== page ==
SIFF Film Review – Hemel
In Dutch, “hemel” means “heaven.” In the new film screening at the Seattle International Film Festival of the same name, it is the name of the title character played by the beautiful and engaging Hannah Hoekstra. Hemel is a woman in her 20s who, at the beginning, seems to be in charge of her sexuality. The film is broken up into segments using subtitles to delineate when a new chapter begins. During the early stages of the film, Hemel is shown picking up a few different guys in bars over the course of a couple of nights, having sex with them, and then dumping them as quickly as possible. After sleeping with one in particular who wants to cuddle after the act, she tells him she prefers her lovers to act like lions: be quick and fall asleep when they’re done. She is refreshingly matter of fact in her sexual needs.
Starting in a chapter titled “Father and Daughter,” we see how Hemel relates to her single father, Gijs (played by Hans Dagelet). The bond between the two of them is intimate. Her mother has been out of the picture for most of her life, so her father has been the strongest influence on her growing up. There are hints of an undercurrent of incestuous attraction, but no indication it has ever been acted on. Gijs seems to treat Hemel as more of an equal rather than “fathering” her too much. He is also very open about what seems to be his very promiscuous life as well. But the love she feels for him really becomes apparent during a touching scene at the opera where they silently enjoy a moving piece of music while simply holding hands.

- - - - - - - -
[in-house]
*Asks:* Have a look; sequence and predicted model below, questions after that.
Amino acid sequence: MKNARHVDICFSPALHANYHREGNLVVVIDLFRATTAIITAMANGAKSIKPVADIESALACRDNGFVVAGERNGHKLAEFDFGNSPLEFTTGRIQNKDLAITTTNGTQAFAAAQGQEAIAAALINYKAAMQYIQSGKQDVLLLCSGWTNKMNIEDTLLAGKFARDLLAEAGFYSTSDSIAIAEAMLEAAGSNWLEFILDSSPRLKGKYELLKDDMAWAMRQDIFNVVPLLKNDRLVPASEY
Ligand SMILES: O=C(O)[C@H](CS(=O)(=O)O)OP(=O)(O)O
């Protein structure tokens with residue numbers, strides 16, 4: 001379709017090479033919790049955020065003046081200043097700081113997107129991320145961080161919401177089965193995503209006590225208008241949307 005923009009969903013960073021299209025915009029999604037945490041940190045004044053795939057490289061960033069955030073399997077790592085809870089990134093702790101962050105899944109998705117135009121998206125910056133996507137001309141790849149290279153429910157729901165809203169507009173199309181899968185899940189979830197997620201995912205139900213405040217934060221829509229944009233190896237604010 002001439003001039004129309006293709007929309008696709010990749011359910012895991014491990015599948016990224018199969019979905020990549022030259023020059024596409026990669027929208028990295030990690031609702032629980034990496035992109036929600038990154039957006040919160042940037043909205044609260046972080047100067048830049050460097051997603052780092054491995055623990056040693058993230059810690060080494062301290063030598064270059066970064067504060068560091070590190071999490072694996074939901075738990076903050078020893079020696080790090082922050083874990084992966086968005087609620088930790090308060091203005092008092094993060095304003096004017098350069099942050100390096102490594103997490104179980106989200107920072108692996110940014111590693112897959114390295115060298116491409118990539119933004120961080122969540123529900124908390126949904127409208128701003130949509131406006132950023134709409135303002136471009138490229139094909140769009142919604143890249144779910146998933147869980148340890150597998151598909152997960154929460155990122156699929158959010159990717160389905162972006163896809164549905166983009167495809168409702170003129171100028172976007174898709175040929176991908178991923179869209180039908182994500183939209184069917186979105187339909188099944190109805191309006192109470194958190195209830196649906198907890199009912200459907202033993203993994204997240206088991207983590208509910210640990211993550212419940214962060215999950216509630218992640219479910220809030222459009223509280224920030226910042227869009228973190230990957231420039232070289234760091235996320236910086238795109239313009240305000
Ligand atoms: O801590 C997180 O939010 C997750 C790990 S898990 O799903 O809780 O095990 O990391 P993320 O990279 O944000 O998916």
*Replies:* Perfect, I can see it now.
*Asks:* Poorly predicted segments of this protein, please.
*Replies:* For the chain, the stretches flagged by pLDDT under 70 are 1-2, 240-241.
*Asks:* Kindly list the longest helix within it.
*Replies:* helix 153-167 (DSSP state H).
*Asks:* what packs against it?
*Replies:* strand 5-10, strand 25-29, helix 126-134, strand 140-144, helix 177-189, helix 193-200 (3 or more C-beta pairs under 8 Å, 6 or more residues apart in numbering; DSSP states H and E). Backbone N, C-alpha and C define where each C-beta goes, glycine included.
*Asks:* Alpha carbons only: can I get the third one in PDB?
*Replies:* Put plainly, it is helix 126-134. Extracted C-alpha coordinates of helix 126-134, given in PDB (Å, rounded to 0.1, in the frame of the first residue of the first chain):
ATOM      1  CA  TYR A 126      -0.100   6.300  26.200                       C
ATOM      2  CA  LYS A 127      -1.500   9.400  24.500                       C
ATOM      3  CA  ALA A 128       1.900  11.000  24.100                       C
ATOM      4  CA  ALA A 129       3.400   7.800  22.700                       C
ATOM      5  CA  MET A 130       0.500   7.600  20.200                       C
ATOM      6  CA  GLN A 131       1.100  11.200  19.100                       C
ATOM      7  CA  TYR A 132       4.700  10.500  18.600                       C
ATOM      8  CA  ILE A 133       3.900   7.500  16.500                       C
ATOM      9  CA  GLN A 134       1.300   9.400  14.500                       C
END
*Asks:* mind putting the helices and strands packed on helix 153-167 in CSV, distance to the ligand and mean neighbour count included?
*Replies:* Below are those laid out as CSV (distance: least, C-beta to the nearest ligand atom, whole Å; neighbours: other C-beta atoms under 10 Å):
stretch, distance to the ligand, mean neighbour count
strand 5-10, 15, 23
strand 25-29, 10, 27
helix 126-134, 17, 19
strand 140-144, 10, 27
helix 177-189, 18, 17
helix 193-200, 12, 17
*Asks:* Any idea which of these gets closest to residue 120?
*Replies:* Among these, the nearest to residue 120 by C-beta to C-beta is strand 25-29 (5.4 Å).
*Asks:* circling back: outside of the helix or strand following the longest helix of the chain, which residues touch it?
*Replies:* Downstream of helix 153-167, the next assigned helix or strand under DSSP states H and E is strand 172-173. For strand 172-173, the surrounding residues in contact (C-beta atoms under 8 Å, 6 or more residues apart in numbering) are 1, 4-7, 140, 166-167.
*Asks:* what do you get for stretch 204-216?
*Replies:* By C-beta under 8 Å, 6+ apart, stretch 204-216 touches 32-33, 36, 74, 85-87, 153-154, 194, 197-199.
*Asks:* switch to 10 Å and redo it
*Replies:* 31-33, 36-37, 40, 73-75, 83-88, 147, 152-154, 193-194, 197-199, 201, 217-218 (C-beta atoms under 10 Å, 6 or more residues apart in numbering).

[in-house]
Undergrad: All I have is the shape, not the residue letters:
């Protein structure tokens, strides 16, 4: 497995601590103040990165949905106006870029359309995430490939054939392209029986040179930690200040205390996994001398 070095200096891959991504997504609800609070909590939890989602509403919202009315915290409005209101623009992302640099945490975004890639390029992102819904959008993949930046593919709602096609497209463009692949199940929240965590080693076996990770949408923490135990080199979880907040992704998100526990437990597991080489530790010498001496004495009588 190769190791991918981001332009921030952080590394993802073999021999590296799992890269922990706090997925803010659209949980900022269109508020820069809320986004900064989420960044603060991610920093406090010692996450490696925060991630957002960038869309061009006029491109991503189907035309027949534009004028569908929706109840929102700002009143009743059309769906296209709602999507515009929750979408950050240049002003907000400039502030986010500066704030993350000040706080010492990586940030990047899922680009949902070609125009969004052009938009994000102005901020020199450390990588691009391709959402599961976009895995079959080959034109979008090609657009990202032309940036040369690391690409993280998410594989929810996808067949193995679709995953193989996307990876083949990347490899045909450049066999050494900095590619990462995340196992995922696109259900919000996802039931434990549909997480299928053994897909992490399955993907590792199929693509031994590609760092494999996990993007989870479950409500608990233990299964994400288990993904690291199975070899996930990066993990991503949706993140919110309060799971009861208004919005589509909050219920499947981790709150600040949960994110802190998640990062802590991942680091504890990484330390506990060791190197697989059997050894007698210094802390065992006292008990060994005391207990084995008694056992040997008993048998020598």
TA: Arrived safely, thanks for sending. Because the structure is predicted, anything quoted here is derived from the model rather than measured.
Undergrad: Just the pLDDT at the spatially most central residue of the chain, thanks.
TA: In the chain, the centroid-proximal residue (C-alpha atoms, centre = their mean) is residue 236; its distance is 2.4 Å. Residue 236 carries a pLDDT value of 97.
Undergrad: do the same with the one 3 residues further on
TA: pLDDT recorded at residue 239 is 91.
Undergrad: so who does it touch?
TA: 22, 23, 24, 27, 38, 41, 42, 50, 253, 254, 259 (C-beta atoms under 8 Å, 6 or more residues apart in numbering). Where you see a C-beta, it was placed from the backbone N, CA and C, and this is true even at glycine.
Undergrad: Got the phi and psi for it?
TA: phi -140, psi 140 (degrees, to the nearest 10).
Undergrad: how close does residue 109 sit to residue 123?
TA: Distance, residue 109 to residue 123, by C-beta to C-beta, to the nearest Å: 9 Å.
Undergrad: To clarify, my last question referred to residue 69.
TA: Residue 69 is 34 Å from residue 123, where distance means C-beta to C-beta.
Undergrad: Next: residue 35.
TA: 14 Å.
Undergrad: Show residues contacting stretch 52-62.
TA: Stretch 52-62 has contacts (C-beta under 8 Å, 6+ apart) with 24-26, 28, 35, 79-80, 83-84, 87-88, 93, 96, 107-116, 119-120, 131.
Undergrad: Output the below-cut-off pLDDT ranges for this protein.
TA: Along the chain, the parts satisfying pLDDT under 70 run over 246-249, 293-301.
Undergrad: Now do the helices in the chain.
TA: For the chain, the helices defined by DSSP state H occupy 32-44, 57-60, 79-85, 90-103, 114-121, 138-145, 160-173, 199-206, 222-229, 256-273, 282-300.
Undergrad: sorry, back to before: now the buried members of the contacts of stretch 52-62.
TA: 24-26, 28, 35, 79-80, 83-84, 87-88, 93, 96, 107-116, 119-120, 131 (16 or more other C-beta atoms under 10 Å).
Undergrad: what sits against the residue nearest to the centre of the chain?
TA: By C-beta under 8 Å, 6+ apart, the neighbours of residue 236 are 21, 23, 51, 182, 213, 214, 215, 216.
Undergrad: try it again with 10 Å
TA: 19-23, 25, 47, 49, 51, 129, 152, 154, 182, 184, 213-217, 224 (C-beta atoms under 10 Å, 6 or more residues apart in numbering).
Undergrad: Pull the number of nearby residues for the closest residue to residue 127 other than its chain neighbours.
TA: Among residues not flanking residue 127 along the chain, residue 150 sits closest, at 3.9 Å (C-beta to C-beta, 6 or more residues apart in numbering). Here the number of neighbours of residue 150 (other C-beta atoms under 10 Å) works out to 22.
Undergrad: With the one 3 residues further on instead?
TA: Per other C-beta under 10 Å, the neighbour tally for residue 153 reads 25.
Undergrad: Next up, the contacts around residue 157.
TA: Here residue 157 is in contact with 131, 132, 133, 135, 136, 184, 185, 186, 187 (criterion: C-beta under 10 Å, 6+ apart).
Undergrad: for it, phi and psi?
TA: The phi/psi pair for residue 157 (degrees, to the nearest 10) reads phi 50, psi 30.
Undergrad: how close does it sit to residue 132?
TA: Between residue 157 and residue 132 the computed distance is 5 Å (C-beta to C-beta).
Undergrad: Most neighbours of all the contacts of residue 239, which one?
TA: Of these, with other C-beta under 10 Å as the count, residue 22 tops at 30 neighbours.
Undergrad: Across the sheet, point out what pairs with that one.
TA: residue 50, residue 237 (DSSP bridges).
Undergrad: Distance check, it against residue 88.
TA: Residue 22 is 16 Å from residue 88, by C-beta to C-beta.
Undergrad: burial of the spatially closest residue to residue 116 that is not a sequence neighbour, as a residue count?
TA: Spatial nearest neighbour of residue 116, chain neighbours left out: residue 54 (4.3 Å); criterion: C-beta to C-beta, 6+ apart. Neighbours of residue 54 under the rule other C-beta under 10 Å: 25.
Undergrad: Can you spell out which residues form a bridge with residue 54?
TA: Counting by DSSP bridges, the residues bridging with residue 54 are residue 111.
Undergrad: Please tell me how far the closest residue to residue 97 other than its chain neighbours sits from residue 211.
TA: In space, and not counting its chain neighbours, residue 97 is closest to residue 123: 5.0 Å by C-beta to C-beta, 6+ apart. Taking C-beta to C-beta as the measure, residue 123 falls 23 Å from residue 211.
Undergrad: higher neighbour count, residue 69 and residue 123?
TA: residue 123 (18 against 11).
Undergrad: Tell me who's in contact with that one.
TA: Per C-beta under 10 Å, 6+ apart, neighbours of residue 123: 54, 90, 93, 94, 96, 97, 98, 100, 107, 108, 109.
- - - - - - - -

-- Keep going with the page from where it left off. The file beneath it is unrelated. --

But when a new woman enters Gijs life and it looks like an actual relationship is forming, Hemel reacts more with the jealousy of a spurned lover than that of a daughter. This film is very intriguing in how it evokes the unspoken feelings involved in family dynamics. The command she has over her sexuality makes her not a victim or someone to be looked down on. Up until one violently unpleasant encounter with a partner, she is simply using sex as a lot of men often do: something to fulfill her needs. She has a hole in her heart regarding her daddy issues, but she’s not a frail victim. Much like most of us, she’s simply figuring it all out as she goes.
The performance by Hoekstra here is the real standout of the film. She is intense, funny, strong, and thoroughly engaging. As she plays it, Hemel is in control of the interactions with the lovers in her life. She takes what she needs. But far from being one-dimensional, her scenes with Dagelet show genuine love and yearning for attention. Much like with the recent discovery of Noomi Rapace in the Dragon Tattoo movies, look for Hannah Hoekstra to be scooped up by Hollywood soon. Hers is the kind of screen acting that will find a place in larger film vehicles to come.
Also of note is the haunting score that runs throughout the film. It has a repetitive, world-weary drone that underlines the wanderings of the characters. Sometimes, with Hemel just considering her world and that music underneath, you learn more about her than what the dialogue reveals.
The Netherlands seems to be a fertile ground for sexually explicit adult fare lately. Hemel proves you don’t necessarily need the trappings of a genre thriller to make an interesting film. How a daughter relates to her father and finding her place in the world can indeed be intriguing by itself. Recommended.
Hemel screens tonight at 9:30 PM at SIFF Cinema at the Uptown.
Final Grade: B+